|1st edition, 1958,|
Cover by Imre Reiner.
H.E. Bates was drafted into the RAF as a writer during the second world war, commissioned initially to write a series of short stories with the aim of improving the morale of a war-weary civilian population. He knew little of aeroplanes or flying, but he was given considerable opportunity to observe the airmen closely, and this included the chance to interview a pilot who had been shot down over France, and who had then managed to escape with the assistance of the French Resistance. This was clearly his inspiration for Fair Stood the Wind for France, which is an inspiring story of a bomber pilot's assisted escape from the German-occupied northern region of France during the latter part of the second world war. It is part-romance, part-adventure story, and perhaps a little melodramatic at times. But it is also a book in which a simple summary of the plot would seem rather inadequate in conveying what it is about.
It seemed to me to be principally a story about the inherent decency of ordinary people. Not all of them, clearly: inevitably some people think only of themselves, and it is the difficulty of distinguishing between the treacherous and the trustworthy which heightens the tension all the way through this novel. H.E. Bates inverts the common action-oriented approach to war fiction which is centred on a tale of personal heroism; instead of one man as hero saving a community, this is the story of a communal effort to help one man.
His escape depends upon a whole series of small acts of defiance, and the selfless acts of many strangers. The people involved come from differing walks of life - they are young, old, and middle-aged, accomplished and uneducated, English and French. Some are motivated by the recollection of tragedy in their own lives, some by a belief in the future, and others by a simple and unshakeable faith in God. And perhaps there is an underlying desire to be part of something bigger which has each one of them risking their own lives, and possibly the lives of those they love, and yet giving their assistance unhesitatingly. It is all uncoordinated and haphazard - simply a collection of people who, when given the opportunity, choose to behave compassionately and courageously.
|3rd impression, 1964, |
Cover photo by Peter Theobald.
But he is well-practised in constraining his attention to matters of immediate importance, and for him the only thing which matters is the safety of his crew. Everything of value in the plane must be salvaged or destroyed, and then they must find food, determine their location, and work out how they are to keep from the notice of the German soldiers, and later the gendarmes, while they make their way to Spain.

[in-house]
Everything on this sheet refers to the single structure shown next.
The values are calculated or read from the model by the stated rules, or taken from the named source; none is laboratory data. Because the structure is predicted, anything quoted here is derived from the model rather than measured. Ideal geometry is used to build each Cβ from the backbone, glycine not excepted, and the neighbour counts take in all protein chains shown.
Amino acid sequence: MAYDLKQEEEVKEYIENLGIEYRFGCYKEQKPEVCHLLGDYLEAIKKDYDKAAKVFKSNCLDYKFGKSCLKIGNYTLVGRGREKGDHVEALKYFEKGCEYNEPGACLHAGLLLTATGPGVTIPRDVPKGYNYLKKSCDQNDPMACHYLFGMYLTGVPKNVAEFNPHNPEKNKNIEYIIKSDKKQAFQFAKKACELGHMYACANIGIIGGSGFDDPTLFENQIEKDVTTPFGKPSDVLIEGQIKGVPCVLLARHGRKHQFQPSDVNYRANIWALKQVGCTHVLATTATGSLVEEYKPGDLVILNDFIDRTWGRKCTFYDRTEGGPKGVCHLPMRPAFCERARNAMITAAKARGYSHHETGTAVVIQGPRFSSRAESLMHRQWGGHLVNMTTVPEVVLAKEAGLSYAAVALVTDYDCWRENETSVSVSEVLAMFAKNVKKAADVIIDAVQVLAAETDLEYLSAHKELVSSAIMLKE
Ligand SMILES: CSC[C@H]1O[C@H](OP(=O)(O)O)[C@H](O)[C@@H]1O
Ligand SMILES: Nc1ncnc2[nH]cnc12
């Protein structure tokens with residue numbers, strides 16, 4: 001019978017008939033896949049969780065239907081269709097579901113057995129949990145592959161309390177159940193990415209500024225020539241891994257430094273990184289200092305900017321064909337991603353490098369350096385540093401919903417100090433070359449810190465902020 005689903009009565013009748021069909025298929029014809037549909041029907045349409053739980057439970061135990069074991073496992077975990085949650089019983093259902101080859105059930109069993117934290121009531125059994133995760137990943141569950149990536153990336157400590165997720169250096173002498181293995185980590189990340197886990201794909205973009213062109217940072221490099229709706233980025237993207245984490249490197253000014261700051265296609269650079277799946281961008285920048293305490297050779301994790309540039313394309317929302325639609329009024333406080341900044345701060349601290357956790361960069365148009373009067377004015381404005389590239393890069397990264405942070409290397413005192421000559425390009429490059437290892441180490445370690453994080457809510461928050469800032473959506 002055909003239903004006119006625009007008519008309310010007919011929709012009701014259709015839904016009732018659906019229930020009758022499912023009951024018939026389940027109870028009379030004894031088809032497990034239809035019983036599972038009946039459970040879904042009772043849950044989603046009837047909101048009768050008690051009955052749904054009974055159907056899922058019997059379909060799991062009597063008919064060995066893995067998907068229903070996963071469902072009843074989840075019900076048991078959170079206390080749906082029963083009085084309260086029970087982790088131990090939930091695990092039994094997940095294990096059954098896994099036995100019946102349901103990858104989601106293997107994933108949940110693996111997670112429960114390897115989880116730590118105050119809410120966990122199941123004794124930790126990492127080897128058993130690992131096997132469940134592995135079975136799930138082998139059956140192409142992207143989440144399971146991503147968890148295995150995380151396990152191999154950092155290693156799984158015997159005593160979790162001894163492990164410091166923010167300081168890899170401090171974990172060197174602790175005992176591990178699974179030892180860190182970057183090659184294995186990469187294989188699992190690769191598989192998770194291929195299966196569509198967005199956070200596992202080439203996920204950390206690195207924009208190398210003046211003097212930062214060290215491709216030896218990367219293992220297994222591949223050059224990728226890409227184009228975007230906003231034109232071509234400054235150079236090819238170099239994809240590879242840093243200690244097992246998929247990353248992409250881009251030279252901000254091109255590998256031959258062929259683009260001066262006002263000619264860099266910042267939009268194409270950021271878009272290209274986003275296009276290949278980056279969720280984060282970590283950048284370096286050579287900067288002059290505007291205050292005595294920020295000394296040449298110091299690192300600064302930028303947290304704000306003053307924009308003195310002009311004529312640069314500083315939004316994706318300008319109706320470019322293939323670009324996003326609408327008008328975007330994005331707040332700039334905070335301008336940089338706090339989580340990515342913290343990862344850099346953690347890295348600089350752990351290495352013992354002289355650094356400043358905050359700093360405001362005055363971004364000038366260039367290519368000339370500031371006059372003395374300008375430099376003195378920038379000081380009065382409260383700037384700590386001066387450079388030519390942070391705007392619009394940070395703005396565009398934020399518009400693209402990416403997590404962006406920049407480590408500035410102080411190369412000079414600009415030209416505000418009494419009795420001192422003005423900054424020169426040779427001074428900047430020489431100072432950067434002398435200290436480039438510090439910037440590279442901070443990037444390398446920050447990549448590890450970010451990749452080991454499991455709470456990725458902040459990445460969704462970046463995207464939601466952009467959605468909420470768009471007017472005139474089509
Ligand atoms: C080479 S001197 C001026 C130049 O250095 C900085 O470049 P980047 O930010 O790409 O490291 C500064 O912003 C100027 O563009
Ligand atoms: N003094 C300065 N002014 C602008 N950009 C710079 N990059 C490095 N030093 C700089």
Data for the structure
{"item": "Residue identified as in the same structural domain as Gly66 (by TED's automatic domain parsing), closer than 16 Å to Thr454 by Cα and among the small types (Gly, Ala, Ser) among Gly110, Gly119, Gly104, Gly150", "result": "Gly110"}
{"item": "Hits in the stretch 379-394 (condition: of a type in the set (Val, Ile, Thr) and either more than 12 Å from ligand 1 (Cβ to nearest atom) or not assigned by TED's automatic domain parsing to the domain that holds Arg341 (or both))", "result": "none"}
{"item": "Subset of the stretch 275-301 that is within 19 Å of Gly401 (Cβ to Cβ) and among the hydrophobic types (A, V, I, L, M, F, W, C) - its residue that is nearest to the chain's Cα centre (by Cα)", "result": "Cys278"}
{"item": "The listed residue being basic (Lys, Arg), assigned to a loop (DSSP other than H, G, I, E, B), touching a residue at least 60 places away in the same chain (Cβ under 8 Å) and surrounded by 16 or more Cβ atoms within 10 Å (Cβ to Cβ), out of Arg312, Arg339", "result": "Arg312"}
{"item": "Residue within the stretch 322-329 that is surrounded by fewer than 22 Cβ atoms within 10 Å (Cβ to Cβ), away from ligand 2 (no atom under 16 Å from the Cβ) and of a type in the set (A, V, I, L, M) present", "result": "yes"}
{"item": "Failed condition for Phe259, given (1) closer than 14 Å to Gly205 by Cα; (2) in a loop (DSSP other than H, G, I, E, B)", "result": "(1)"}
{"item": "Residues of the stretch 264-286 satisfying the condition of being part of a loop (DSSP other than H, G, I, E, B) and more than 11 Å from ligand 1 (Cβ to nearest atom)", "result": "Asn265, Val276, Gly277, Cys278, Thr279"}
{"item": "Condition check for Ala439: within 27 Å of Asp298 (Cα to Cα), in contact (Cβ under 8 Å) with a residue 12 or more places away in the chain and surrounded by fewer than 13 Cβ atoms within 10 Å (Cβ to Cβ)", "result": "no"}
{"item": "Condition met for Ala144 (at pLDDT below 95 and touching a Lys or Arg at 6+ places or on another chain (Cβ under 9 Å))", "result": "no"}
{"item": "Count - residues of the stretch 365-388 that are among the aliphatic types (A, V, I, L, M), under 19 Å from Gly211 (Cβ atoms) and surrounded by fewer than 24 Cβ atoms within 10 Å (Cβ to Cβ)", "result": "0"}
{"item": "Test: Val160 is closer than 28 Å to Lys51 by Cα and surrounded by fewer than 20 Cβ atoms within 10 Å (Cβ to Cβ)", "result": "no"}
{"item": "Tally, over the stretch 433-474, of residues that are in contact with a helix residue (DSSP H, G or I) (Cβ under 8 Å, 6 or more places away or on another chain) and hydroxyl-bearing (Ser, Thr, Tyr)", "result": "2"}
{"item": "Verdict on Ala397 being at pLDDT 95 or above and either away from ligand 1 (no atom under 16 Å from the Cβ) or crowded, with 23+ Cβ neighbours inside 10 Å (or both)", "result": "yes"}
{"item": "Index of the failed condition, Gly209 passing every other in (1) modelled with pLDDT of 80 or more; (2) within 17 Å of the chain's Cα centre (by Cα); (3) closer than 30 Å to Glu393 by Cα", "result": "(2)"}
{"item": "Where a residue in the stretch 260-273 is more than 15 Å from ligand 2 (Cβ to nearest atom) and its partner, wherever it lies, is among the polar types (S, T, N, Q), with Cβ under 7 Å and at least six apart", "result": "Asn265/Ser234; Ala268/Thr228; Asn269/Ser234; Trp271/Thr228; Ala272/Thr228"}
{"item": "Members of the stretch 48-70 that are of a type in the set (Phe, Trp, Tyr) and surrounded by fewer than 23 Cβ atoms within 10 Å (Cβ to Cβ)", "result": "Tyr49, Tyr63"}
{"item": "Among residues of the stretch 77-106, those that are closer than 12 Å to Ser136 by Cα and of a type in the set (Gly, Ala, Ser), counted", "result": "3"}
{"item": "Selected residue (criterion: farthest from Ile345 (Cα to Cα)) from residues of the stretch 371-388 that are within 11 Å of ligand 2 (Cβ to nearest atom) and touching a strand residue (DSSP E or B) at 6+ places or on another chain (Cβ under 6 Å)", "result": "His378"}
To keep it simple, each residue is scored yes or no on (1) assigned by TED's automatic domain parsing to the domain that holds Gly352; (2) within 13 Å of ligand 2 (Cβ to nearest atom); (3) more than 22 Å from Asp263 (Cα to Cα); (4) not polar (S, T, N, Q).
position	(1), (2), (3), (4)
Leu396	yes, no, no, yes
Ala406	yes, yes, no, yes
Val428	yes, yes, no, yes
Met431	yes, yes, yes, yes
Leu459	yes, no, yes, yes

These five men impose a life-threatening burden on anyone who offers them assistance. All they have to fear is the loss of their freedom, but the locals face execution if they are even suspected of helping the downed airmen. And yet they are given shelter by the isolated mill-owning family of Françoise. Grandmother, father, daughter and employee immediately dedicate their efforts to concealing and feeding the men, sourcing passes to facilitate their escape, and arranging the medical treatment Franklin desperately needs. But even so he continues to weaken, slipping in and out of consciousness, and sleeping for long periods. He struggles to maintain his sense of himself as a man of action, but gradually realises that he must step back, and learn to trust and rely on others. This is the story of Franklin's escape, underpinned as it is by many courageous acts, and it is also the story of the romance which gradually develops between Franklin and Françoise.
H.E Bates is also attempting to convey something of the experience of life in occupied France during the latter part of the second world war, and he does this through a focus on detail. His story is like a mosaic built up from fragments of Franklin's experiences; it is a collection of moments. He records the things Franklin observes: the silence of trees unmoved by wind, the unfocused gaze of a waiter staring vacantly down an empty street, the imprint of a girl's thumb on a ripening peach. But it was this background story of decent-hearted, selfless humanity which I enjoyed the most; it is illustrated in the concern the airmen had for one another, and the resilience, stoicism and bravery of an occupied population.
By the same author:
Penguin no. 2130: An Aspidistra in Babylon